How many times have you sat down and enjoyed a TV show that comedically comments on a current event or political issue? How about a song that takes a recognizable riff or bassline from another, and then proceeds to make a complete mockery of the original? These are known as “satires” and “parodies” respectively and, for better or for worse, these art forms use preexisting works and concepts to create new, often entertaining media—sometimes even for commercial consumption. Let’s touch on when this is okay, and when it’s not.

First, parodies are when the creator mimics something specific to make fun of or comment on it—often for entertainment or comedic purposes. Think Weird Al Yankovic songs and the Scary Movie franchise. The creator is using the original work, and in fact must use the original work, to create the parody, which itself becomes a whole new work.

Satires, on the other hand, are when the creator mimics something more generally, like a specific idea, political ideal, institution, person, organization, or concept, to comment on or expose the subject through exaggeration, sarcasm, irony, or (often) dark comedy. Think South Park, a Saturday Night Live opening skit, or the Colbert Report. The creator does not have to use an original copyrighted work in developing the satire, where the general aim is to get the audience to think critically about the subject. Satires are often used for ironic political commentary, and use much less “in-your-face” comedy than parodies.

You may have noticed that I mentioned copyrighted works above. Here’s where it gets hairy: under the Constitution, copyright holders have the exclusive rights to, among other things, (1) copy and reproduce their original works, (2) prepare derivative works based on their original works, (3) distribute copies of their original works, and (4) publicly display and perform their original works. 17 U.S.C. § 106. Parodies and satires, if created by someone other than a work’s original author, fall under the “derivative works” category. Thus, creators of parodies or satires “borrow” copyrighted works and must therefore tread carefully to avoid liability.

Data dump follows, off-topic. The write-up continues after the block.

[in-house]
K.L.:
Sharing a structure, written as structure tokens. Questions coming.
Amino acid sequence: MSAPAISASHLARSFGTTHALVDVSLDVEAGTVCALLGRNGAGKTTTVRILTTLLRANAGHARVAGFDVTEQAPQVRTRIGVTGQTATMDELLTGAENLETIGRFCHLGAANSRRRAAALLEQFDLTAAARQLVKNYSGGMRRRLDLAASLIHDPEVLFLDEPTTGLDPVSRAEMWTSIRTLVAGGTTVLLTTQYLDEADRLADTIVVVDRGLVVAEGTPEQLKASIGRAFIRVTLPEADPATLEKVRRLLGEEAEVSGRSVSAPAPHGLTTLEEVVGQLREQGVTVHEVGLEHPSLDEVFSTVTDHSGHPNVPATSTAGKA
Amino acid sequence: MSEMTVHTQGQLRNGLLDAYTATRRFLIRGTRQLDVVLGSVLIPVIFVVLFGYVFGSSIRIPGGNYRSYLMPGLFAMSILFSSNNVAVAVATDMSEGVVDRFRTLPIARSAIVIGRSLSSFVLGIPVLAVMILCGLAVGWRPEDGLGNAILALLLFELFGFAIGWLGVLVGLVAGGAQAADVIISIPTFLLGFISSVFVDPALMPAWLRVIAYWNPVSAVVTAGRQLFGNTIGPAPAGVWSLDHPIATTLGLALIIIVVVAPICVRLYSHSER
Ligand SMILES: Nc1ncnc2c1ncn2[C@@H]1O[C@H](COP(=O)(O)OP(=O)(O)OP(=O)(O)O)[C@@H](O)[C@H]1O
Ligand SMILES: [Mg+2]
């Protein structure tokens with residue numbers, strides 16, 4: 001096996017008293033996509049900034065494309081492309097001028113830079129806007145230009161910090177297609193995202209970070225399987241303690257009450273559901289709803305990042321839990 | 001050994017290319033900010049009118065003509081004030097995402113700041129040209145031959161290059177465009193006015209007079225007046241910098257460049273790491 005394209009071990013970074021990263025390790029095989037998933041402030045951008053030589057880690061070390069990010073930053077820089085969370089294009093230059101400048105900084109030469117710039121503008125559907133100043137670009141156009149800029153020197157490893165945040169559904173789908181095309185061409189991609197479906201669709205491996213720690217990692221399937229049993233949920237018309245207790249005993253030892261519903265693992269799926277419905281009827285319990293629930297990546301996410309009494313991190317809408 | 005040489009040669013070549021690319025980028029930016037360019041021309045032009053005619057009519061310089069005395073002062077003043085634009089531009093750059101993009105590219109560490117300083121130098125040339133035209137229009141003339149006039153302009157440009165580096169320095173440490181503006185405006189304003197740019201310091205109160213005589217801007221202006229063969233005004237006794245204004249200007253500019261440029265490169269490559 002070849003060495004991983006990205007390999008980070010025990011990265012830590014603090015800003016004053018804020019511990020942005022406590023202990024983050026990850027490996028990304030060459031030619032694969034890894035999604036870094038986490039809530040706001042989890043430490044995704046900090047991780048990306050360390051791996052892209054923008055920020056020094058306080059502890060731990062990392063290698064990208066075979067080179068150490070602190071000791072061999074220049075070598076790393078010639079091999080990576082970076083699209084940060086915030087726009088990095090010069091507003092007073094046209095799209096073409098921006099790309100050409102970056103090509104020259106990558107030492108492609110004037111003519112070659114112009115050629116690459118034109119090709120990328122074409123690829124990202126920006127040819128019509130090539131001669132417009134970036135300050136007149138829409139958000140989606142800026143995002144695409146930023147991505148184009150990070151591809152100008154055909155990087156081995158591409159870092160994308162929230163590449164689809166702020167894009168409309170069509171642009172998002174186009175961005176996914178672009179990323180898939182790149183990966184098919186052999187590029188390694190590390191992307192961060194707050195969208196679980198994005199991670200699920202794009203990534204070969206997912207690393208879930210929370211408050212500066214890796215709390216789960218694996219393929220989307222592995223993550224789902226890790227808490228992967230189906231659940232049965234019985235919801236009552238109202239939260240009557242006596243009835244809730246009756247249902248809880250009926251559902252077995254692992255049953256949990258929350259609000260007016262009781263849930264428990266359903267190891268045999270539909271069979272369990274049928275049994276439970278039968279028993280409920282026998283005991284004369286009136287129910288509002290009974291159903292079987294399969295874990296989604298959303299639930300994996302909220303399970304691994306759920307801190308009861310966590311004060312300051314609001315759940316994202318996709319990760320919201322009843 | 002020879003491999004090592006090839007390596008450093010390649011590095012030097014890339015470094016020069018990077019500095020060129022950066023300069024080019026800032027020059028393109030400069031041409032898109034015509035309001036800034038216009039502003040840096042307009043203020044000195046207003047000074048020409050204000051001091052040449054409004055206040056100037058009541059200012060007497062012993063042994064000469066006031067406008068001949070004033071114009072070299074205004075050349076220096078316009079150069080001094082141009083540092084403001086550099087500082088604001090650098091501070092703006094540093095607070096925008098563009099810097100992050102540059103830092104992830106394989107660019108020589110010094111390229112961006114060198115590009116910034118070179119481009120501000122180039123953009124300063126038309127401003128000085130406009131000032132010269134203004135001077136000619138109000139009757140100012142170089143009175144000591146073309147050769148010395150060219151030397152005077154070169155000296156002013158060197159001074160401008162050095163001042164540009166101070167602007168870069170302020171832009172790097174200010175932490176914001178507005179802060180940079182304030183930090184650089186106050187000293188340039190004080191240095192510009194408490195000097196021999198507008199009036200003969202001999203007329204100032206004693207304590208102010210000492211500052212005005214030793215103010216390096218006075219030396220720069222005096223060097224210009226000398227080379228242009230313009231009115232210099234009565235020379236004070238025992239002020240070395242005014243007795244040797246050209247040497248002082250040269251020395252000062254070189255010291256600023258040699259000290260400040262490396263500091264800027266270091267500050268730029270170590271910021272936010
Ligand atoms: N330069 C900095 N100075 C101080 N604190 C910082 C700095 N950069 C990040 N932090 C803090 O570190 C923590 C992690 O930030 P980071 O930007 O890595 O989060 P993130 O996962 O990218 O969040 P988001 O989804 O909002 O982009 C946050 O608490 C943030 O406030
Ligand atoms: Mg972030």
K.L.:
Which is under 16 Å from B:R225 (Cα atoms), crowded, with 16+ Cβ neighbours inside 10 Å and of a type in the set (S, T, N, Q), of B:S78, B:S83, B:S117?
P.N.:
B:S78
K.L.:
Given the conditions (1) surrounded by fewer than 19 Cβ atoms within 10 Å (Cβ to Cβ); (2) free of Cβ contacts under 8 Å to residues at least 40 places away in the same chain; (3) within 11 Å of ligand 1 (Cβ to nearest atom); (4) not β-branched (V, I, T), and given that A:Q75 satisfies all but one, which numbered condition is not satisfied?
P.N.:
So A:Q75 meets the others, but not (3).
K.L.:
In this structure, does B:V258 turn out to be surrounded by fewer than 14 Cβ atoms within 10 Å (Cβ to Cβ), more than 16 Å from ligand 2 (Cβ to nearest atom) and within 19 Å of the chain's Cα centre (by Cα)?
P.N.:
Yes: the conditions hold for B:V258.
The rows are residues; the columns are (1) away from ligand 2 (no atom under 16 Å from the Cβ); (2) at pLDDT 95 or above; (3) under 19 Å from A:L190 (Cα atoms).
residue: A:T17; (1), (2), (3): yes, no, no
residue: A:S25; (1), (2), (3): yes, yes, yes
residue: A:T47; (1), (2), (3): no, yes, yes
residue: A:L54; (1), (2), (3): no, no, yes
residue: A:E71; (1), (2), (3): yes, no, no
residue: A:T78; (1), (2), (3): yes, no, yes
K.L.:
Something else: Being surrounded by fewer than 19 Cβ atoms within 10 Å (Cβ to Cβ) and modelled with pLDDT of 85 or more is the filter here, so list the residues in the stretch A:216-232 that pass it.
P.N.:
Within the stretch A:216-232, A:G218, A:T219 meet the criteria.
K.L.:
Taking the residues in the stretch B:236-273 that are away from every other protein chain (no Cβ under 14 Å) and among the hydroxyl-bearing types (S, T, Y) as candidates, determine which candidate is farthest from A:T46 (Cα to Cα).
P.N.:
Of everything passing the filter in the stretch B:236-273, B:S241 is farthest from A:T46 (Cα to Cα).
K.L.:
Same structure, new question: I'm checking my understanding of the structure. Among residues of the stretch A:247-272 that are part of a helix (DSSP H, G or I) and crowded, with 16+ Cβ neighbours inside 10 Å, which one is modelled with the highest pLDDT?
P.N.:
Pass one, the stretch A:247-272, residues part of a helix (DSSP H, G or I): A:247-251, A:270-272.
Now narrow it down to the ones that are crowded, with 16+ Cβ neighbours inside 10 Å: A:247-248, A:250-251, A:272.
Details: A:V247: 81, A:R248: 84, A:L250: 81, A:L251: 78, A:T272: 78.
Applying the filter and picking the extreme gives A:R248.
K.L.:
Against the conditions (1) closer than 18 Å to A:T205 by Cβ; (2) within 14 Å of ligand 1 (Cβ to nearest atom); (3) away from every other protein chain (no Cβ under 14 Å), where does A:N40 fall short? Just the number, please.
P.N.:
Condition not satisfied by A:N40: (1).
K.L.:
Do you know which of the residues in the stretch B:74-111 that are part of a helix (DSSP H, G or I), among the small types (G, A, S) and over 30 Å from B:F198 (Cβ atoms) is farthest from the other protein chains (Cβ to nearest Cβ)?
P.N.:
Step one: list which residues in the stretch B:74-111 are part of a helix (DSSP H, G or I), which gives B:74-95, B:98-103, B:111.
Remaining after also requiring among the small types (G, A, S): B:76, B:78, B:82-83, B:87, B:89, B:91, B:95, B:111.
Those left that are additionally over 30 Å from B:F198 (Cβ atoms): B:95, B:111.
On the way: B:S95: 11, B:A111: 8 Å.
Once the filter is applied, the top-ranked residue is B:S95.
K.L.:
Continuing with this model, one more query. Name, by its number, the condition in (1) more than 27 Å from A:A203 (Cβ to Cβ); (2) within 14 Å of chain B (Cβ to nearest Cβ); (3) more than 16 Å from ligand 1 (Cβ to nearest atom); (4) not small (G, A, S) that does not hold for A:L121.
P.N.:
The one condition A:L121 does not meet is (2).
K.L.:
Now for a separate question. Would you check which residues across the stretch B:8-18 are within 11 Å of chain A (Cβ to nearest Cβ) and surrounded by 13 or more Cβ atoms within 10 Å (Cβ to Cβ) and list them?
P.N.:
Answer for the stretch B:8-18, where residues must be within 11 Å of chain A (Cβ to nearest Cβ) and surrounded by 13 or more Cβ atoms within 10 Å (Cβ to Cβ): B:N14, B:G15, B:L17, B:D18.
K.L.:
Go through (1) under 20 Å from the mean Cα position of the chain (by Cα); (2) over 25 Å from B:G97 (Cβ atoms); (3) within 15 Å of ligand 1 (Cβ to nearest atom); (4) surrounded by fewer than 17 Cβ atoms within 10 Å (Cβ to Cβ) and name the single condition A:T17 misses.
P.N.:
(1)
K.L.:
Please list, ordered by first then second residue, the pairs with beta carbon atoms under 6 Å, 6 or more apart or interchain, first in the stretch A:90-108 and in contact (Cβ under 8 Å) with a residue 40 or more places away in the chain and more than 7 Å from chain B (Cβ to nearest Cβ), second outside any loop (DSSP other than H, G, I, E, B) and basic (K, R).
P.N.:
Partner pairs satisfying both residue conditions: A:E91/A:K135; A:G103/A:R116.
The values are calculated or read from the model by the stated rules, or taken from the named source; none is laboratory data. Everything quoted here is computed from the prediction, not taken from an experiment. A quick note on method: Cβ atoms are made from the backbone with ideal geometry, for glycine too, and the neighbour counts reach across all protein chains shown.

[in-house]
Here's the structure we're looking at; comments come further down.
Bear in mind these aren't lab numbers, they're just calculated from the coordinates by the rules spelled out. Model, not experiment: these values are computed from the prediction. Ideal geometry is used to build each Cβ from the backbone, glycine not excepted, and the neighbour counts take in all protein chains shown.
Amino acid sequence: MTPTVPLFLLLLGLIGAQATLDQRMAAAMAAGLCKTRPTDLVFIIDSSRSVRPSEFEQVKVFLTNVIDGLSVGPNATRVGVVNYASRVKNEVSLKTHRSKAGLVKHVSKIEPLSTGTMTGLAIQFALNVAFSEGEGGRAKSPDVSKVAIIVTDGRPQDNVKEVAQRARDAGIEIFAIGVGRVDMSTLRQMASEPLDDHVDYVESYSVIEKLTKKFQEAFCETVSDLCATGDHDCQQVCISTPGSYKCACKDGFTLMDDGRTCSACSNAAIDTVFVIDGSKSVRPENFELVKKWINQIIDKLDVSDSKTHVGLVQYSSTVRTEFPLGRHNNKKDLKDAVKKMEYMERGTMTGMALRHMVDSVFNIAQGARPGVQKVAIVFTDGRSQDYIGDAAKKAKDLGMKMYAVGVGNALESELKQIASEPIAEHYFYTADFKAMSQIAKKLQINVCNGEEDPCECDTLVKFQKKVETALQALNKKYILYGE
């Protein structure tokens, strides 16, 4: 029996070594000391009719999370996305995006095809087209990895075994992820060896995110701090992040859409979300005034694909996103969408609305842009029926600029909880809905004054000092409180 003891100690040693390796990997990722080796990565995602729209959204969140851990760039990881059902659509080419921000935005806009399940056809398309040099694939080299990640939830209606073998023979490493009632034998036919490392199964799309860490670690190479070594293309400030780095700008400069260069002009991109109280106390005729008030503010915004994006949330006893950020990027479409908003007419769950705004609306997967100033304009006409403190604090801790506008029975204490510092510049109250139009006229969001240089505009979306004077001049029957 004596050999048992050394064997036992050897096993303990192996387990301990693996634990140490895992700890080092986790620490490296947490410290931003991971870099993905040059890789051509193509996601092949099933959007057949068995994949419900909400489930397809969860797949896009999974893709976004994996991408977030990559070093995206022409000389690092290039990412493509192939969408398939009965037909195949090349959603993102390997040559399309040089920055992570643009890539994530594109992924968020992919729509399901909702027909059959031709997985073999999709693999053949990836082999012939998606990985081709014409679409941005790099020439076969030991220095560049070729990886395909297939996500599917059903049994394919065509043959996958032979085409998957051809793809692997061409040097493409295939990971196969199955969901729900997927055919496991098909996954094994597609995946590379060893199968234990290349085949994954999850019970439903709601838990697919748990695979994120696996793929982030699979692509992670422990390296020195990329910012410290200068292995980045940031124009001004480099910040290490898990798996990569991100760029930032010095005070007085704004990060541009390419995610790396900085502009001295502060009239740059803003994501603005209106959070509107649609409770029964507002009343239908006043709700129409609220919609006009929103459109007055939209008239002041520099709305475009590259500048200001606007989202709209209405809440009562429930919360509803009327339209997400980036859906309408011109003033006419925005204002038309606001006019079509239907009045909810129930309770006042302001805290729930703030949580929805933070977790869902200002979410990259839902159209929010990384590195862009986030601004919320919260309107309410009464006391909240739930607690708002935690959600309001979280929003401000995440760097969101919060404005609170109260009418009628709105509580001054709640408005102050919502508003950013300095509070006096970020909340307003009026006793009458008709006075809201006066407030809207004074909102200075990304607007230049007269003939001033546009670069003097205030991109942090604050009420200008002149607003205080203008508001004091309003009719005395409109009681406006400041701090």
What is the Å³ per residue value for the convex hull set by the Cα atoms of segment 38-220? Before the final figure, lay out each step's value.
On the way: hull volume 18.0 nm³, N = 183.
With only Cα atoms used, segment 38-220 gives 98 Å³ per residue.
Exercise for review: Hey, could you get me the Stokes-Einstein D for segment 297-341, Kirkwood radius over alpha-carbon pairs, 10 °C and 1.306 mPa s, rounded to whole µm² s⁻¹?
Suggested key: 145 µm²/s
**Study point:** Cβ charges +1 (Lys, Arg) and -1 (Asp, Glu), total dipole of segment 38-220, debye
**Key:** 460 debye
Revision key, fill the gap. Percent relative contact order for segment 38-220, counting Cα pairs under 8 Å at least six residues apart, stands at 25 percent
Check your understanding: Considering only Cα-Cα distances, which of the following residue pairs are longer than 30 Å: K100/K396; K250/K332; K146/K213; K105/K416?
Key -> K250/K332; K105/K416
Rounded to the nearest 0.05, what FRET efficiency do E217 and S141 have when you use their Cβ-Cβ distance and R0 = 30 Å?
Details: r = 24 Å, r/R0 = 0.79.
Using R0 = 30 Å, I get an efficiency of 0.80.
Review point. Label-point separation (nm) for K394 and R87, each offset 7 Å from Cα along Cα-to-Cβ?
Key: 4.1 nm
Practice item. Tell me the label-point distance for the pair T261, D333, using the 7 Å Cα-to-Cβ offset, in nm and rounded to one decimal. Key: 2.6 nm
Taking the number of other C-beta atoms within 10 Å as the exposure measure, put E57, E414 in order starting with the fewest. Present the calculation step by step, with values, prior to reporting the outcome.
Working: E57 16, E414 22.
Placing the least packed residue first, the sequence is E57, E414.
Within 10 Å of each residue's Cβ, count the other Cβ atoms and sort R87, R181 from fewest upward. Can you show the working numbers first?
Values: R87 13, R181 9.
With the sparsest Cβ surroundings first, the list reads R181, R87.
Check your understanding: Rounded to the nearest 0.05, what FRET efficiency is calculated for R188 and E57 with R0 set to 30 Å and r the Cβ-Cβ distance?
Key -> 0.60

Satires that do not implicate a copyrighted work and instead merely comment on the subject without using proprietary materials are often protected by the First Amendment. Easy. If a copyrighted work is implicated, however, then an infringement occurs unless the “fair use doctrine” applies—which protects use aimed at criticism, comment, news reporting, teaching, scholarship, or research. 17 U.S.C. § 107. The fair use inquiry looks at (1) the purpose and character of the parody or satire (whether primarily commercial or educational), (2) the nature of the parody or satire (whether the copyrighted work is a valuable, publicly known, or expressive work), (3) the amount of the copyrighted work used in the parody or satire, and (4) the effect of the parody or satire on the potential market for the copyrighted work (whether the parody or satire is a work that the copyright holder would likely develop or license another to develop). If the parody or satire is found to be a largely similar to a valuable copyrighted work, is exploited commercially, and negatively affects the potential market for the copyrighted work, then the creator of the parody or satire is likely to lose if sued for infringement. Let’s look at some examples to see how this analysis plays out in the real world.

In the 1994 Supreme Court case Campbell v. Acuff-Rose Music, Inc., plaintiff Acuff–Rose Music filed suit against the members of the rap music group 2 Live Crew and their record company, claiming that 2 Live Crew’s song “Pretty Woman” infringed Acuff–Rose’s copyright in Roy Orbison’s rock ballad “Oh, Pretty Woman.” It cannot be contested that 2 Live Crew’s version is a parody of Roy Orbison’s original:


The Original: